I also had to bathe all the cats. I wasn’t sure when during the medication timeline I should bathe them all, so I emailed some researchers at North Carolina State University for advice, and was pleasantly surprised at their quick and helpful response! They told me: “To my knowledge, no one has looked at the optimal time for performing a disinfection during treatment for T. foetus (ie. at what point during the treatment, on average, is T. foetus no longer being shed by the cat). The good news is, the T. foetus organism is not particularly robust once outside the host. We have observed the organisms in feces are no longer viable 24hrs after being voided into a litter pan, in the absence of litter; the presence of litter likely speeds the process up via desiccation of the feces.” So, towards the end of the dosage period, we cleaned one room, washed all the cats, locked the cats up in the clean room and then cleaned the rest of the house. We used liberal amounts of Virkon (which is actually better than bleach for sanitizing – and without the smell and turning things white).

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Another importan part of eradicating TriTrich is to thoroughly clean all the litterboxes, since it is mainly transmitted in feces.

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It wasn’t easy, cleaning six litterboxes, but between the two bathrooms, I managed to wash them all.

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We got all the freshly cleaned boxes back in their places…

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…and filled them up with clean, fresh litter. We use two types, PeeWee pine pellets, which are wonderful, and Cat’s Best Öko, which is a plant-based wood fibre clumping litter. Both of these make collecting fecal samples very easy – much easier than clay litter.

This is important, because once we were done with the medication and the bathing and the cleaning, we needed to test all five cats’ poops. Which involved catching each cat “in the act,” so to speak. Izaak and Lorelai were easy – just catch them when we’re at a cat show. Jacoby, as well, was simple: he eats in a room with a box in it, so just catch him after he’s been fed. But Alfred and Angel…it took me weeks to catch them, especially Angel! I finally managed it, though…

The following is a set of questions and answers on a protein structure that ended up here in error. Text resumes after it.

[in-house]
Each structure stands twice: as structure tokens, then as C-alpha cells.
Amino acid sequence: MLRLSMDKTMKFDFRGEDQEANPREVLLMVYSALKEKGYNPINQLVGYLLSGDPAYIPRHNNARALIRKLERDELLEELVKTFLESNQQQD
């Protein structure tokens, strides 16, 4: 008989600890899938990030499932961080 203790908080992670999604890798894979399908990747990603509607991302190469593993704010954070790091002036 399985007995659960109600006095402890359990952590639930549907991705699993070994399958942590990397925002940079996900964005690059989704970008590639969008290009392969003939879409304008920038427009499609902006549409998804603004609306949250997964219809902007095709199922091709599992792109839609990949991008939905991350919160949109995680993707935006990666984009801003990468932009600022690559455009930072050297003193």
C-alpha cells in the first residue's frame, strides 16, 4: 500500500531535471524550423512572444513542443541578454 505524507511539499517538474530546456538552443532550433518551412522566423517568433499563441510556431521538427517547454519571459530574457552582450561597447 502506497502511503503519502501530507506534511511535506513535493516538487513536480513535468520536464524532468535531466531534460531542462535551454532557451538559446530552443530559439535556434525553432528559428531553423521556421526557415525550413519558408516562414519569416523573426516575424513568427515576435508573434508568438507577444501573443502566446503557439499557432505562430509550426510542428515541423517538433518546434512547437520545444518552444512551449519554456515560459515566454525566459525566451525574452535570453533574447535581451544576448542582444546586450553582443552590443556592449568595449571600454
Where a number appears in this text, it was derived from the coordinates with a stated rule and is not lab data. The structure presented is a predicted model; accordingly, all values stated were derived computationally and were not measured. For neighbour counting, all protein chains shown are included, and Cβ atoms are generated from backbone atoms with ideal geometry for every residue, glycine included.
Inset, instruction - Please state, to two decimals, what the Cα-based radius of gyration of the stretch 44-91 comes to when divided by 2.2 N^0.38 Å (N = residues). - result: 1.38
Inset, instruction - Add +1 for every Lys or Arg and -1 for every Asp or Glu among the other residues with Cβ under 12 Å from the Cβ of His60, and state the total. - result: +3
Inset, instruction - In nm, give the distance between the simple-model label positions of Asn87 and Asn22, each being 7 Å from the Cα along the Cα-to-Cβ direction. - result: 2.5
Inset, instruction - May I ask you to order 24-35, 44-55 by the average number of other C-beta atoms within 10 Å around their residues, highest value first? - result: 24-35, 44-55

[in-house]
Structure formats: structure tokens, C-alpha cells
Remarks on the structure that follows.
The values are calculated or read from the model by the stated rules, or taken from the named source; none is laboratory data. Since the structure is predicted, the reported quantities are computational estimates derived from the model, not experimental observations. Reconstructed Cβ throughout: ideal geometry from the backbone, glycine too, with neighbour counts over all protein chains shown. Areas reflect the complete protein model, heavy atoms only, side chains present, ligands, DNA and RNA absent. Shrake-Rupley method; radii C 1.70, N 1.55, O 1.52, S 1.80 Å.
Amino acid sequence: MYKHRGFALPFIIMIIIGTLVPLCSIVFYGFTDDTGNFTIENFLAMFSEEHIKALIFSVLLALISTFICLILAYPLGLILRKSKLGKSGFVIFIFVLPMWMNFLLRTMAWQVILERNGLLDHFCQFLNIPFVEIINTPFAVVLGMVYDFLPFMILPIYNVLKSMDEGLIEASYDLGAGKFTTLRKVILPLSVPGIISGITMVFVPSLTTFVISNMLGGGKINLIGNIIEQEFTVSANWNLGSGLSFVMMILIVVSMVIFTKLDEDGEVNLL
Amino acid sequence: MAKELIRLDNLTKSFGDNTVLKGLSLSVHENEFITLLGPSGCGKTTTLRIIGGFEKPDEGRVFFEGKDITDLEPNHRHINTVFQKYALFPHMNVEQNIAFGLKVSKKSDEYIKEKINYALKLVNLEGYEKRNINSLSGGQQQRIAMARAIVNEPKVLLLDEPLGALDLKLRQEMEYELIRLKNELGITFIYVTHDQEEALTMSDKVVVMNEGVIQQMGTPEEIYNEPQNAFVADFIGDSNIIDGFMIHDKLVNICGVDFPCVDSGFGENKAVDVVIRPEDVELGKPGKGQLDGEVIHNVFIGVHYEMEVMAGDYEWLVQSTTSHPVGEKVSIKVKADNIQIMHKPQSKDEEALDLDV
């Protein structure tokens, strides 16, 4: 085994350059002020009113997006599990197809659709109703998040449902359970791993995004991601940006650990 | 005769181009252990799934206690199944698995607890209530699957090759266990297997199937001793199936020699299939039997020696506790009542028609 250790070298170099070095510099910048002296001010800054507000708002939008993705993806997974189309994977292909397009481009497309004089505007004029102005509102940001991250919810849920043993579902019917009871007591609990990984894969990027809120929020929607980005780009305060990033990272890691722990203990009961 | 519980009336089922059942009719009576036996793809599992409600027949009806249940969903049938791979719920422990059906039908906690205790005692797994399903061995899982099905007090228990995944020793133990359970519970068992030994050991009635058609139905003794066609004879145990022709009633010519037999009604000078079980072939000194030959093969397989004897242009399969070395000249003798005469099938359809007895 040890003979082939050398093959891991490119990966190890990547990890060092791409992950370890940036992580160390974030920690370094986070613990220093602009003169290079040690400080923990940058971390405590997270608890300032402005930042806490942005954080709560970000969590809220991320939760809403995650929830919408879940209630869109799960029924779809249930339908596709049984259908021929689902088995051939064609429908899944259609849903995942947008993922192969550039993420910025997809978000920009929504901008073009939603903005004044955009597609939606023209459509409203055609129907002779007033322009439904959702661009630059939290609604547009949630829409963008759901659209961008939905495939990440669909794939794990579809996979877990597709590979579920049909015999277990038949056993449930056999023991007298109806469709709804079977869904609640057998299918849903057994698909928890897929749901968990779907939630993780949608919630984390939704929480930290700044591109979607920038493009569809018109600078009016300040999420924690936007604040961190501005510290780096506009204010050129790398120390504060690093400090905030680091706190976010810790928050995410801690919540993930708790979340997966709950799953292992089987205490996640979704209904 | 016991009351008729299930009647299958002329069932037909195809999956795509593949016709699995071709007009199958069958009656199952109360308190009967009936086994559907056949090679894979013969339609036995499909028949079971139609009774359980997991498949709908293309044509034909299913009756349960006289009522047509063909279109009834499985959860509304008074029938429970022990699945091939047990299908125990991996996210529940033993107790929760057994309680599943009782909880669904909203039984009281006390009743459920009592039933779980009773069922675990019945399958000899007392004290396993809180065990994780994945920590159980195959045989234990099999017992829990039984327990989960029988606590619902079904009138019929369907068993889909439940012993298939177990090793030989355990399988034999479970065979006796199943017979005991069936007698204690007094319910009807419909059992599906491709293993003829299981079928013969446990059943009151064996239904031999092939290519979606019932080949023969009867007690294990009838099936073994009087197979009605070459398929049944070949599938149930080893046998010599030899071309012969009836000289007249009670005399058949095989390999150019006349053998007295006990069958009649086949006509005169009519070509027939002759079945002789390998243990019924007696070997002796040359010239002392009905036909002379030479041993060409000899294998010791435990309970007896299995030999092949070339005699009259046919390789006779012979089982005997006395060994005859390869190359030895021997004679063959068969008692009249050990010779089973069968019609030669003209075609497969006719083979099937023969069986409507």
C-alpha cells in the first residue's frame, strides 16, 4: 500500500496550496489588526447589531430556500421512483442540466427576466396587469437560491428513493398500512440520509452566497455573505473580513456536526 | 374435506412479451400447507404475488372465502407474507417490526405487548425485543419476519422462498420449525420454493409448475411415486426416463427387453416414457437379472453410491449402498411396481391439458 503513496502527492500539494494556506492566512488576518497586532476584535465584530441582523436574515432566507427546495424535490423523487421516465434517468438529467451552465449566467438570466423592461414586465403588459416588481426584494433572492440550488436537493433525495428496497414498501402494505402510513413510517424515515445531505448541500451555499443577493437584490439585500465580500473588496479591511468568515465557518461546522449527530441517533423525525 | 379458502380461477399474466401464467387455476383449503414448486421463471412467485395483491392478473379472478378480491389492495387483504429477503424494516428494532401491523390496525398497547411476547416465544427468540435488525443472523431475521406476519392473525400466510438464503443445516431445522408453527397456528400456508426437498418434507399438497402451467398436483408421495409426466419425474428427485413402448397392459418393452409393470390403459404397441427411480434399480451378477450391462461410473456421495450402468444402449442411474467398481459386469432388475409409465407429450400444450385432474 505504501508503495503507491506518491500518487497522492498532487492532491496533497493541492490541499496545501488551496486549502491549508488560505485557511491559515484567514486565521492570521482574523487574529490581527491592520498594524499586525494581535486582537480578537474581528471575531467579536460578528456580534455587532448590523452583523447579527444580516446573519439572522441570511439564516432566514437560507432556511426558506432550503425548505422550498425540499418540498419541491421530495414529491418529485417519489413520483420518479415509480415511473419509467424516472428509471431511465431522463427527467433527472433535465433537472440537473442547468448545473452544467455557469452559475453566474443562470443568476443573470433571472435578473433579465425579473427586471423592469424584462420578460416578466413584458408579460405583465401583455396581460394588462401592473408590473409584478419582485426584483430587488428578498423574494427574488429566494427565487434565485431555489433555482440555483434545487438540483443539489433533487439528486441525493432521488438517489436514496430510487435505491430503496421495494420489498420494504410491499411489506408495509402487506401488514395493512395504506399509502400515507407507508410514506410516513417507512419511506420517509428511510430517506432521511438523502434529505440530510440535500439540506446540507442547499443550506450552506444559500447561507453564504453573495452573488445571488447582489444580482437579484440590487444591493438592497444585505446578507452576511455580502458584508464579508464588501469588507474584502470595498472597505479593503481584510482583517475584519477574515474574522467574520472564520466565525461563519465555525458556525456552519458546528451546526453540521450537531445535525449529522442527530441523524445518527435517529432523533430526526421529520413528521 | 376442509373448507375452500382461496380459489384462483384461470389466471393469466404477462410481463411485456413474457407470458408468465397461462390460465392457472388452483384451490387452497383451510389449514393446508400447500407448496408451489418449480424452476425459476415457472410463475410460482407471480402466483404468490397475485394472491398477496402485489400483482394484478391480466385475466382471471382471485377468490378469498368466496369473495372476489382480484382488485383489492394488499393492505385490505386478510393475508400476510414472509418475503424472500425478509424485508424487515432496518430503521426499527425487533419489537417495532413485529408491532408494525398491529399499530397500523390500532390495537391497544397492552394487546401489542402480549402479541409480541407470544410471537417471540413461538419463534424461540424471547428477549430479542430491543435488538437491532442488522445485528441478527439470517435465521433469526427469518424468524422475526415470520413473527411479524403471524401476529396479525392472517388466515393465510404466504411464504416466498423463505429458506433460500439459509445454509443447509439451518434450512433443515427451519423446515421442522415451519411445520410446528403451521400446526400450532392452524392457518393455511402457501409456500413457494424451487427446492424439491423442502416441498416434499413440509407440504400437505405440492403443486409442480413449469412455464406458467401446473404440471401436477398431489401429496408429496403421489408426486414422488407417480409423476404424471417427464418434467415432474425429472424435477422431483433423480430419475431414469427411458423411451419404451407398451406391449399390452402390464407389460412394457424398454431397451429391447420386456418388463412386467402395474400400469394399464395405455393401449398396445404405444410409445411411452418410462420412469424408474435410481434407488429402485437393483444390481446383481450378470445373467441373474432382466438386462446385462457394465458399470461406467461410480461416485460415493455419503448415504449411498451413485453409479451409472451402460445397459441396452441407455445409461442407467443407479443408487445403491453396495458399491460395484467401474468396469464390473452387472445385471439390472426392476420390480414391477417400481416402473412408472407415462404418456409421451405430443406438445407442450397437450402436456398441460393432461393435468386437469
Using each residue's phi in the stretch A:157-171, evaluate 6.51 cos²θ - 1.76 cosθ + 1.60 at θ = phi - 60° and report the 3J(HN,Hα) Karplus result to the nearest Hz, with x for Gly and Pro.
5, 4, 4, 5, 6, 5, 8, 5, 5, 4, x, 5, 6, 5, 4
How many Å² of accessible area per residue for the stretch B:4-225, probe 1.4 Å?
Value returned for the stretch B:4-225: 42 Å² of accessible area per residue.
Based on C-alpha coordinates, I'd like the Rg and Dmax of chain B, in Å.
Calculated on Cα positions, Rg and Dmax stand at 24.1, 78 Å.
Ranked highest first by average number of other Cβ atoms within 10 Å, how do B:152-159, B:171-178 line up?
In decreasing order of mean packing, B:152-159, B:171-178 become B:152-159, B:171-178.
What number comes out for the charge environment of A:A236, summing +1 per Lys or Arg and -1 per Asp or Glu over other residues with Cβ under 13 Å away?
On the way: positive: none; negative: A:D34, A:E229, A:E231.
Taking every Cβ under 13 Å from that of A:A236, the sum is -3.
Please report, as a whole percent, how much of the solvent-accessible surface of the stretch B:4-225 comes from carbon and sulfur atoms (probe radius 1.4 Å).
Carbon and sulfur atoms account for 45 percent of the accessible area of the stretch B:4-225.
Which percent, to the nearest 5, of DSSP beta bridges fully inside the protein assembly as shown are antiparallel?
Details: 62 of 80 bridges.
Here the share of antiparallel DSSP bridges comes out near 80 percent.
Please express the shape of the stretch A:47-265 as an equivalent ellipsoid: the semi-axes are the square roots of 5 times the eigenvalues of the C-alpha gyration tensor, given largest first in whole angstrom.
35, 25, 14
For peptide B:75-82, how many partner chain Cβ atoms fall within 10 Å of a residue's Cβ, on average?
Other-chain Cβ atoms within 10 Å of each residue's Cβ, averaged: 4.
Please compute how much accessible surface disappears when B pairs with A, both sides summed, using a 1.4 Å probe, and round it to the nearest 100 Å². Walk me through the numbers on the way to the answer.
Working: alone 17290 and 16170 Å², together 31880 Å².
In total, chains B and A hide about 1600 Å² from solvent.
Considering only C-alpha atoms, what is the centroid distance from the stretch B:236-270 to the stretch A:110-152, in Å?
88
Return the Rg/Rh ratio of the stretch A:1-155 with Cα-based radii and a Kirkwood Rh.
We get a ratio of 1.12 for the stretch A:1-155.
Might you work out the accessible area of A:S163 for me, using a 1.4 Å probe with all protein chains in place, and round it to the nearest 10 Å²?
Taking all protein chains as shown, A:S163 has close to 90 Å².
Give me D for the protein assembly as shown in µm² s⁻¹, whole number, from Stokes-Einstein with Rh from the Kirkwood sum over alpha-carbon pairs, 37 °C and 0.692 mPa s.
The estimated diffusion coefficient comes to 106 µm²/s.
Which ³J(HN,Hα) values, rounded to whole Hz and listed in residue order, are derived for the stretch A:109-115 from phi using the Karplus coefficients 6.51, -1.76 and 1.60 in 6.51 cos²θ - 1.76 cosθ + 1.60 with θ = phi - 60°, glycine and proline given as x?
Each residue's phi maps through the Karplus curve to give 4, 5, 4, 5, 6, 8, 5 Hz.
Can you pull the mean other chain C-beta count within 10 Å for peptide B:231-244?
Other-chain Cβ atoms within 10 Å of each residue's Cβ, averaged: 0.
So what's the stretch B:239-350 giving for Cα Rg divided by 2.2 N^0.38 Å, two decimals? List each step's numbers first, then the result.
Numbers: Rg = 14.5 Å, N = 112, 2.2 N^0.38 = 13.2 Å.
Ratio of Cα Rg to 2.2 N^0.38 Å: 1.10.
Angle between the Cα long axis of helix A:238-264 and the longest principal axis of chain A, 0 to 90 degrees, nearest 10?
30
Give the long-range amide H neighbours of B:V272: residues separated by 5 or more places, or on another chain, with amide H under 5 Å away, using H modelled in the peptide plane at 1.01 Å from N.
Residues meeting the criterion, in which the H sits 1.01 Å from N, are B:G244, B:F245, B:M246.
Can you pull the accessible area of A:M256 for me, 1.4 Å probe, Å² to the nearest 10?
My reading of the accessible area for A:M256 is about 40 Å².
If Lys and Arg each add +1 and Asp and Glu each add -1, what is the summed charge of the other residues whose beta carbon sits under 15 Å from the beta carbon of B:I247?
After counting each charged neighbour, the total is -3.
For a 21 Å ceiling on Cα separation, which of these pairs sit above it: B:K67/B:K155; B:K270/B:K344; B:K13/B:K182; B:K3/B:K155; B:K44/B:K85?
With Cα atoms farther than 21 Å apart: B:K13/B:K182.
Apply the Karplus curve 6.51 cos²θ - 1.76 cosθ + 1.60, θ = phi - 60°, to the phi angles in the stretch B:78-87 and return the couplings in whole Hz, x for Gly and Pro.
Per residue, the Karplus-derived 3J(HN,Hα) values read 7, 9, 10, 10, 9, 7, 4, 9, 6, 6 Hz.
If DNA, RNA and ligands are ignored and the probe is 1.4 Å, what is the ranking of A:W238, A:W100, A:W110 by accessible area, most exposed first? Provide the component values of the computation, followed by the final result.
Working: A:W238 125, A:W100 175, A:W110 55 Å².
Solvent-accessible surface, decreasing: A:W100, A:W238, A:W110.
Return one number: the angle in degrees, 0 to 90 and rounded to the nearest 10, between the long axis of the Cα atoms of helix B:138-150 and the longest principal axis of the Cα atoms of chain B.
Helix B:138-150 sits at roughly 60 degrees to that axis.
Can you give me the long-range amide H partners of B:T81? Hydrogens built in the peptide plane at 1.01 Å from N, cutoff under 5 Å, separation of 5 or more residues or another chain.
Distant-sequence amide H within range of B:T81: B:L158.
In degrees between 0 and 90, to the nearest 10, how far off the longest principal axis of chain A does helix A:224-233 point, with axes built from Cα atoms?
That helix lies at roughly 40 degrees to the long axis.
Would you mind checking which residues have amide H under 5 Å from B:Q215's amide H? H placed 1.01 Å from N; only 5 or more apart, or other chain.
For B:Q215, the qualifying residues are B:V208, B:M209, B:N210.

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So now, we are TriTrich free…no diarrhea at all, and Jake seems happier and less growly, although he still hisses and growls at the younger cats…but I think now it’s just become a habit to be a grumpy old man towards them more than an actual medical symptom.

(And yeah, I wasn’t going to post a photo of anyone actually using a box, so have a shot of Jake having his perfect teeth checked instead.)

Aby-a-Day – 12 March: Takes a ticking and keeps on licking (Medical Monday)

Disclaimer: This post contains images of a disgusting, blood-sucking parasite…no, not the one currently occupying the White House…I am talking an actual arachnid. If you’re squeamish about creepy crawlies, you might want to scroll quickly.

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The first summer we lived in Sweden, Jacoby went out on several outdoor expeditions in the tall grass on the slope near our apartment.

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A day or two after one such outing, I petted Jake and felt…a lump. I inspected it more closely, and…EWWWWWWWwwwwwwwwwww!

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It was a tick! A big, nasty, swollen, blood-engorged tick! I don’t do exoskeletal, multi-legged things (except lobsters, crabs and shrimp), but Björn grew up next to a lake in Sweden and has dealt with ticks many times. He even had the appropriate extraction tool at the ready.

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Between cringing and making “ew” noises, I wasn’t much help.

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So I just held Jake still and took photos.

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I am so glad that Björn knows how to handle these monsters. It was hard enough just taking and editing the photos!

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All I know about ticks is what I’ve read in the Warriors books, and I was fresh out of moss and mouse bile.

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Of course, I could have always looked online for instructions on tick removal…but there was still that whole “I don’t do bugs” thing, so…

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…it’s a good thing I have Björn.

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Because…Ew! Ew-ew-ew-ew! EWWW!